Biometrics Accuracy

Posted on March 8, 2006 I Written By

John Lynn is the Founder of the HealthcareScene.com blog network which currently consists of 10 blogs containing over 8000 articles with John having written over 4000 of the articles himself. These EMR and Healthcare IT related articles have been viewed over 16 million times. John also manages Healthcare IT Central and Healthcare IT Today, the leading career Health IT job board and blog. John is co-founder of InfluentialNetworks.com and Physia.com. John is highly involved in social media, and in addition to his blogs can also be found on Twitter: @techguy and @ehrandhit and LinkedIn.

If you’ve been reading my blog for some time you know that I’m currently testing some great biometrics products from DigitalPersona. I’ve been pretty impressed with what they have to offer and their support. In fact, I’ve been taking it around to everyone showing them how cool it is. It still amazes me each time it recognizes my fingerprint and no one elses.

Now that I’m past that emotional connection I’ve started at looking at biometrics accuracy and security. This is a huge issue, because I don’t want anyone not getting in that shouldn’t be in. Possibly more important (unless you’re the HIPAA police reading) is you being the correct person and the reader not recognizing who you are. As usual these two items are at odds. You can’t keep everyone out and still ensure that it will ALWAYS recognize your fingerprint. You’ll always have a tradeoff.

In my conversations with DigitalPersona I was introduced to 2 terms FAR – False Accept Rate and FRR – False Reject Rate. I’m told this is a common term used by all biometrics companies. Essentially this tells you how many times you can expect to get an unauthorized use accessing a machine or the number of times an authorized user can’t access a machine. As you increase the FAR for security then the FRR will increase and vice versa.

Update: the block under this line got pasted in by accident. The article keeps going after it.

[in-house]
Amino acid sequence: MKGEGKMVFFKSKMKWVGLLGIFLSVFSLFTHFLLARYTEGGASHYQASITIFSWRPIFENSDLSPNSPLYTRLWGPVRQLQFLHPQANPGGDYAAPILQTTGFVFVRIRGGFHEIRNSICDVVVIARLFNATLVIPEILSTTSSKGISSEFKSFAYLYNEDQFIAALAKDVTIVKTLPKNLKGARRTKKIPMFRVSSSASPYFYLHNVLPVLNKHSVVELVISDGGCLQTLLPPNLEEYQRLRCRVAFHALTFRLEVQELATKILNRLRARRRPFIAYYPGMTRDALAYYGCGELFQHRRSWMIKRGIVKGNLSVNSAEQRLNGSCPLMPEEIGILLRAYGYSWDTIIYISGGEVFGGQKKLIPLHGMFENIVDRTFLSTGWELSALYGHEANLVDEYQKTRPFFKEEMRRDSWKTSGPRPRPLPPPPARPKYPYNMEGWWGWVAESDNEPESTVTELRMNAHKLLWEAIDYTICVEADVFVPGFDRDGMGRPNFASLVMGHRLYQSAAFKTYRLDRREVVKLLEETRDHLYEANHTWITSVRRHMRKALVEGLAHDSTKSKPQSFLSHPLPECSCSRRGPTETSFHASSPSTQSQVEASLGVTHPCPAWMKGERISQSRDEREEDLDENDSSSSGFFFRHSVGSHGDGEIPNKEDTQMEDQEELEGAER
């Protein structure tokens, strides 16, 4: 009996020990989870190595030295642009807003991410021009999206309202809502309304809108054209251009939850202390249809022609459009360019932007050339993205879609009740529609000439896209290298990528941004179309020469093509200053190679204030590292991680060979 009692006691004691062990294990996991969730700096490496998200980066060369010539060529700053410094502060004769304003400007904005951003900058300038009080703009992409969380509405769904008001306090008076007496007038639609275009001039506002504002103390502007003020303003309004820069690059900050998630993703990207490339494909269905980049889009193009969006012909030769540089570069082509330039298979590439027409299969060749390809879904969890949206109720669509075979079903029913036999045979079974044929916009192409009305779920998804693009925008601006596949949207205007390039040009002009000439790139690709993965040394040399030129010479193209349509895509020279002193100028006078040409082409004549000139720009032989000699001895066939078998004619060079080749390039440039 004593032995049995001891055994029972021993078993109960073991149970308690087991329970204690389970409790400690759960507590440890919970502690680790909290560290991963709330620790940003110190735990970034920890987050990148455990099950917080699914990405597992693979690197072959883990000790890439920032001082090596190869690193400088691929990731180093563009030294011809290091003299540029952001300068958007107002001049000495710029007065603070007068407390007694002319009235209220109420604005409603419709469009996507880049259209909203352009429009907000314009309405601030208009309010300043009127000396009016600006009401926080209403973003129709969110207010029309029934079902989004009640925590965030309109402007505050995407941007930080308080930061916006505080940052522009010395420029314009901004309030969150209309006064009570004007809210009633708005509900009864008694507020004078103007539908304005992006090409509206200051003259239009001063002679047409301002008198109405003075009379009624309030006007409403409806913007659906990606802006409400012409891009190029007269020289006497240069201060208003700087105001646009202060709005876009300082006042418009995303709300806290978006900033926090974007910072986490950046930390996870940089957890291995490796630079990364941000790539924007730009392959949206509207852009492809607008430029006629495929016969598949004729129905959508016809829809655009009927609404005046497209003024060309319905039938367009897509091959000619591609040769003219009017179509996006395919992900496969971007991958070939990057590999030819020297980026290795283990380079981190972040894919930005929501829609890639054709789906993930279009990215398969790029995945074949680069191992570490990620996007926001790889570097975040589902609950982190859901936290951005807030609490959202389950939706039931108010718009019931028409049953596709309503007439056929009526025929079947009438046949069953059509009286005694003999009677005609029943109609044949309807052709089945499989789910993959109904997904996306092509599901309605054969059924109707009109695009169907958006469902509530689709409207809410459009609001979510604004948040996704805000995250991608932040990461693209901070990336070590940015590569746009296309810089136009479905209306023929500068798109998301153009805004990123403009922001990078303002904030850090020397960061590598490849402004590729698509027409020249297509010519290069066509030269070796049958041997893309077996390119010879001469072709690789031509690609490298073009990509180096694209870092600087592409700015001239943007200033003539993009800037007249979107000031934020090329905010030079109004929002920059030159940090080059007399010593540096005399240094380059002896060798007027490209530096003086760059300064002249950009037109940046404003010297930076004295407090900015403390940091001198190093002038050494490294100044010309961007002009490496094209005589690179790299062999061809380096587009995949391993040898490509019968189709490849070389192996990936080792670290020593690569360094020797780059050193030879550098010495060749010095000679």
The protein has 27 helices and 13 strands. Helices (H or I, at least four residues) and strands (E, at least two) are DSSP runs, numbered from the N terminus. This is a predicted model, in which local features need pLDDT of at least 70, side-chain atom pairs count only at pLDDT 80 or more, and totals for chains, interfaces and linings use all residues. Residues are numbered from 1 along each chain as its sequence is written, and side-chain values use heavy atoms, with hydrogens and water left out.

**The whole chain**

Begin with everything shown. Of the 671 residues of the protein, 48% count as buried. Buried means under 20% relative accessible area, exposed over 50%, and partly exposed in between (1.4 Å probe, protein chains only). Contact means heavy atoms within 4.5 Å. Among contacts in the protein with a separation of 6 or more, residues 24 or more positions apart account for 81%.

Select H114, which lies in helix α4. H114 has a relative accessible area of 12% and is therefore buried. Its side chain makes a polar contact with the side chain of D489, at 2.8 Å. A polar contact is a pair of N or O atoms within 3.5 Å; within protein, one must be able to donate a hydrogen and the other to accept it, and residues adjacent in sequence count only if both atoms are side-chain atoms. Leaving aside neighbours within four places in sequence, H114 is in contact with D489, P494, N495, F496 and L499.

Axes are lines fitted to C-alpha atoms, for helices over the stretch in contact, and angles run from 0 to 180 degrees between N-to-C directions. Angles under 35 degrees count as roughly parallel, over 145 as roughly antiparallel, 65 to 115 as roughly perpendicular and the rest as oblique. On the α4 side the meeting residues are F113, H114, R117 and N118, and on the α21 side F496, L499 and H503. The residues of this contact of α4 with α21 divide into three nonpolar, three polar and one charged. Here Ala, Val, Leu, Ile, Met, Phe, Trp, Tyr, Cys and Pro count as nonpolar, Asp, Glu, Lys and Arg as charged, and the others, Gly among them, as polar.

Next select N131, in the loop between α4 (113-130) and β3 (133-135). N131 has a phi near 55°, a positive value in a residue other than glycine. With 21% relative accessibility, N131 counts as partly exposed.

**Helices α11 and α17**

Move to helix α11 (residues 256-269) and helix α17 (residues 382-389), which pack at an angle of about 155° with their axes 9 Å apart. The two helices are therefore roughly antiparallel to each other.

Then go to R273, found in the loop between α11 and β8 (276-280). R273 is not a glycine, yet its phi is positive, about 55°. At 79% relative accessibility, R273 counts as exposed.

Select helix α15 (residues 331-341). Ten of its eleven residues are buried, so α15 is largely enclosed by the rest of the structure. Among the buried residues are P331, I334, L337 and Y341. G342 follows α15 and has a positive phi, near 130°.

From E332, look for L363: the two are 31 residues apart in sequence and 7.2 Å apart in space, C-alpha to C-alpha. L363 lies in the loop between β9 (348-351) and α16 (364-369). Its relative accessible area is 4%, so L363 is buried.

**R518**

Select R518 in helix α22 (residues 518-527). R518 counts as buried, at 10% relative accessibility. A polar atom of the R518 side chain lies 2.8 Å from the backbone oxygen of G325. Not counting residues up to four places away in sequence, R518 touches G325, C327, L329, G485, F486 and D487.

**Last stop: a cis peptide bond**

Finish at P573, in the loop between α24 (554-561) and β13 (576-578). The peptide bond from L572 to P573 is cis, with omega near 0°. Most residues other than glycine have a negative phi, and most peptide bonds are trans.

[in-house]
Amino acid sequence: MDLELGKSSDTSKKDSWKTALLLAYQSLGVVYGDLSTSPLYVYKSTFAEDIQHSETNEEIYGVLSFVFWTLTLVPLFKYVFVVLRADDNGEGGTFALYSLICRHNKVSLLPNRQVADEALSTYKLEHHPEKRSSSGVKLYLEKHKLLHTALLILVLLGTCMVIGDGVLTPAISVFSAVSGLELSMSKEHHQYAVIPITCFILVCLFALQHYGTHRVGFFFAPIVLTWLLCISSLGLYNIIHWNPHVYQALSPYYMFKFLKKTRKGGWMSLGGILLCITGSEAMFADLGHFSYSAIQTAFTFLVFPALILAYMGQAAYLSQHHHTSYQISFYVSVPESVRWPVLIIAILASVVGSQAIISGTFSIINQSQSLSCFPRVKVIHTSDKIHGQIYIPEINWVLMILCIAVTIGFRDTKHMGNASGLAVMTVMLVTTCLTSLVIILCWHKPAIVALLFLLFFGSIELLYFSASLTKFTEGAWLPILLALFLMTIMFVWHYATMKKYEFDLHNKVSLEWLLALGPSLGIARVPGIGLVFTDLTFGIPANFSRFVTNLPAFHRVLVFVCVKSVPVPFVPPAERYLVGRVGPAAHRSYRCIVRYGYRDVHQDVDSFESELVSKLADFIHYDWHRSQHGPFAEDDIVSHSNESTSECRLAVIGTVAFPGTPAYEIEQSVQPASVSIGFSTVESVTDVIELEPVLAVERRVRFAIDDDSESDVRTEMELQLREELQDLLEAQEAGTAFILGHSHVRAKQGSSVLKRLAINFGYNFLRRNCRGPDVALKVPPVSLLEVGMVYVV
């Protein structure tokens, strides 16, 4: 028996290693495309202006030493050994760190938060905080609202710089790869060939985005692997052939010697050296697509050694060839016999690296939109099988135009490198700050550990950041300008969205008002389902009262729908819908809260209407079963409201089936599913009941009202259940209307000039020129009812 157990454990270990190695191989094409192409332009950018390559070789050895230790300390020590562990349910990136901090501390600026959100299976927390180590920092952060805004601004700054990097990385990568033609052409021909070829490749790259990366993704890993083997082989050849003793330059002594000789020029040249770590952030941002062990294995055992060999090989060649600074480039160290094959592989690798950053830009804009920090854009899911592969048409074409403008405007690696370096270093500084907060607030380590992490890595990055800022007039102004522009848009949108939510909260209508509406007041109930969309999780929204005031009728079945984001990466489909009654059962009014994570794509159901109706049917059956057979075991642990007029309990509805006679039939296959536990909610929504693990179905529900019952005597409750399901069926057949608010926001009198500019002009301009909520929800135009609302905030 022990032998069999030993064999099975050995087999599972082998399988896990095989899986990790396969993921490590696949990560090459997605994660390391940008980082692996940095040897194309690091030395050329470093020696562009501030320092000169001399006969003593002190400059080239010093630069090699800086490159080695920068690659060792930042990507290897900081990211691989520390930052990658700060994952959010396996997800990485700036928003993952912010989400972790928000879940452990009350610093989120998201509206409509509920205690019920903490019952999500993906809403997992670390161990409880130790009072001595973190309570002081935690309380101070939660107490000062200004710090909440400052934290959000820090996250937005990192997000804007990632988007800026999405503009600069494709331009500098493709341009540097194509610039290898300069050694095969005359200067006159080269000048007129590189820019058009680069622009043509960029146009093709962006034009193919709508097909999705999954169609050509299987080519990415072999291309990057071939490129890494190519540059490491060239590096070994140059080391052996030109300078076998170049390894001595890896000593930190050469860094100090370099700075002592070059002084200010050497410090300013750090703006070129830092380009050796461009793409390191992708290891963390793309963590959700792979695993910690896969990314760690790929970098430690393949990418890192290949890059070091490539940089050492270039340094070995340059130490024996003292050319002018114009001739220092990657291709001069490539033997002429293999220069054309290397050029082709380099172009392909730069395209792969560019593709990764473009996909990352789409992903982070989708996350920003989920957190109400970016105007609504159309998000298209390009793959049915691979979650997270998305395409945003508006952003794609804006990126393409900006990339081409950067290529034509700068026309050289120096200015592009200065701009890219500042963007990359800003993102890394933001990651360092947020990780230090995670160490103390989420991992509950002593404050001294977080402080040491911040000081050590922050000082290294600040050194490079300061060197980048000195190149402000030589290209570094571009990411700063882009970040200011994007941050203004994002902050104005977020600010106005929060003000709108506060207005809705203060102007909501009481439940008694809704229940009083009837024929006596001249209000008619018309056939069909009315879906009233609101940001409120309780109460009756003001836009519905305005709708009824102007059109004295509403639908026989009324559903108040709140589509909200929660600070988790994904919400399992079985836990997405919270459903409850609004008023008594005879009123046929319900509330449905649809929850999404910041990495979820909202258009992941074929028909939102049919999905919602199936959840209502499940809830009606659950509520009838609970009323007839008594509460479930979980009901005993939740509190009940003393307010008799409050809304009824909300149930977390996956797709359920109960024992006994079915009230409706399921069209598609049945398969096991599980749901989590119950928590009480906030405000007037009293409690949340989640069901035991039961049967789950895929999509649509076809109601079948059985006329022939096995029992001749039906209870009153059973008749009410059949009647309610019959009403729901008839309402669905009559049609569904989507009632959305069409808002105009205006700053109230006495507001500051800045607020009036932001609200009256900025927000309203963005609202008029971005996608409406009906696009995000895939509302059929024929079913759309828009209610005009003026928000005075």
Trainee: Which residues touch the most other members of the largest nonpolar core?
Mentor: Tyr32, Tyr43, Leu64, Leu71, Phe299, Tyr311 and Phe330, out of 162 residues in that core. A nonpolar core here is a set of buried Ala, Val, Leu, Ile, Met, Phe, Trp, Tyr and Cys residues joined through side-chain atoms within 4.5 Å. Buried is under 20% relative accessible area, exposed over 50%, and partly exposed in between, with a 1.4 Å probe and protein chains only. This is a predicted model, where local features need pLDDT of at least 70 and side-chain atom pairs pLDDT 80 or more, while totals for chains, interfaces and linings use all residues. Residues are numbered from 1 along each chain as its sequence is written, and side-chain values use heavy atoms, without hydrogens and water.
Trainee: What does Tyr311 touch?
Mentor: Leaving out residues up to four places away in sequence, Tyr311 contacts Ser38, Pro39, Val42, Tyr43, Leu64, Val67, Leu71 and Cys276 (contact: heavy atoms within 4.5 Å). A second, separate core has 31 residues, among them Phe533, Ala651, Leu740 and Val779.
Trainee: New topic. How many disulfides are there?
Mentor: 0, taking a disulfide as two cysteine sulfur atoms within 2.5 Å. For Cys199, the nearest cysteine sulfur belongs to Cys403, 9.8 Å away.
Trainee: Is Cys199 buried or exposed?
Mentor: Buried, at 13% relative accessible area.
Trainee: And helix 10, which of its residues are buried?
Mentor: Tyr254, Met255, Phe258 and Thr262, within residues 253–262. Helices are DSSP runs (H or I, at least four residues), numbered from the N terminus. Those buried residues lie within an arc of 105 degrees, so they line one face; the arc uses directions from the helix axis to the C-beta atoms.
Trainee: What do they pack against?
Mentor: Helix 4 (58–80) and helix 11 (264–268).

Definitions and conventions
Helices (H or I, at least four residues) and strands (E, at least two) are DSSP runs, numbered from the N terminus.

The coolest part of this all is that you get to actually choose what FRR and FAR you want (at least with the biometrics I’m testing). From my limited knowledge biometrics is matching the points and curves on your fingerprint and then exporting it to a binary file. Then, in the future it creates another binary file and matches those points. If you increase the number of points it has to match then the False Reject Rate goes up, but the False Accept Rate goes down.

What does this mean for an EMR wanting to use biometrics? You are going to have to decide what FRR and FAR you are ok with. In the end if you have documented a well thought out reason then HIPAA security issues won’t be a problem. However, if you just say I always want to let my users get in regardless of the security implementation then you might have a HIPAA problem. My suggestion would be to follow the biometrics vendor’s suggestion and use their skill as the basis for your security. Never go under what the vendor suggests for security. That should raise a huge red flag. Otherwise, biometrics is a great technology with great security benefits and less password support requests.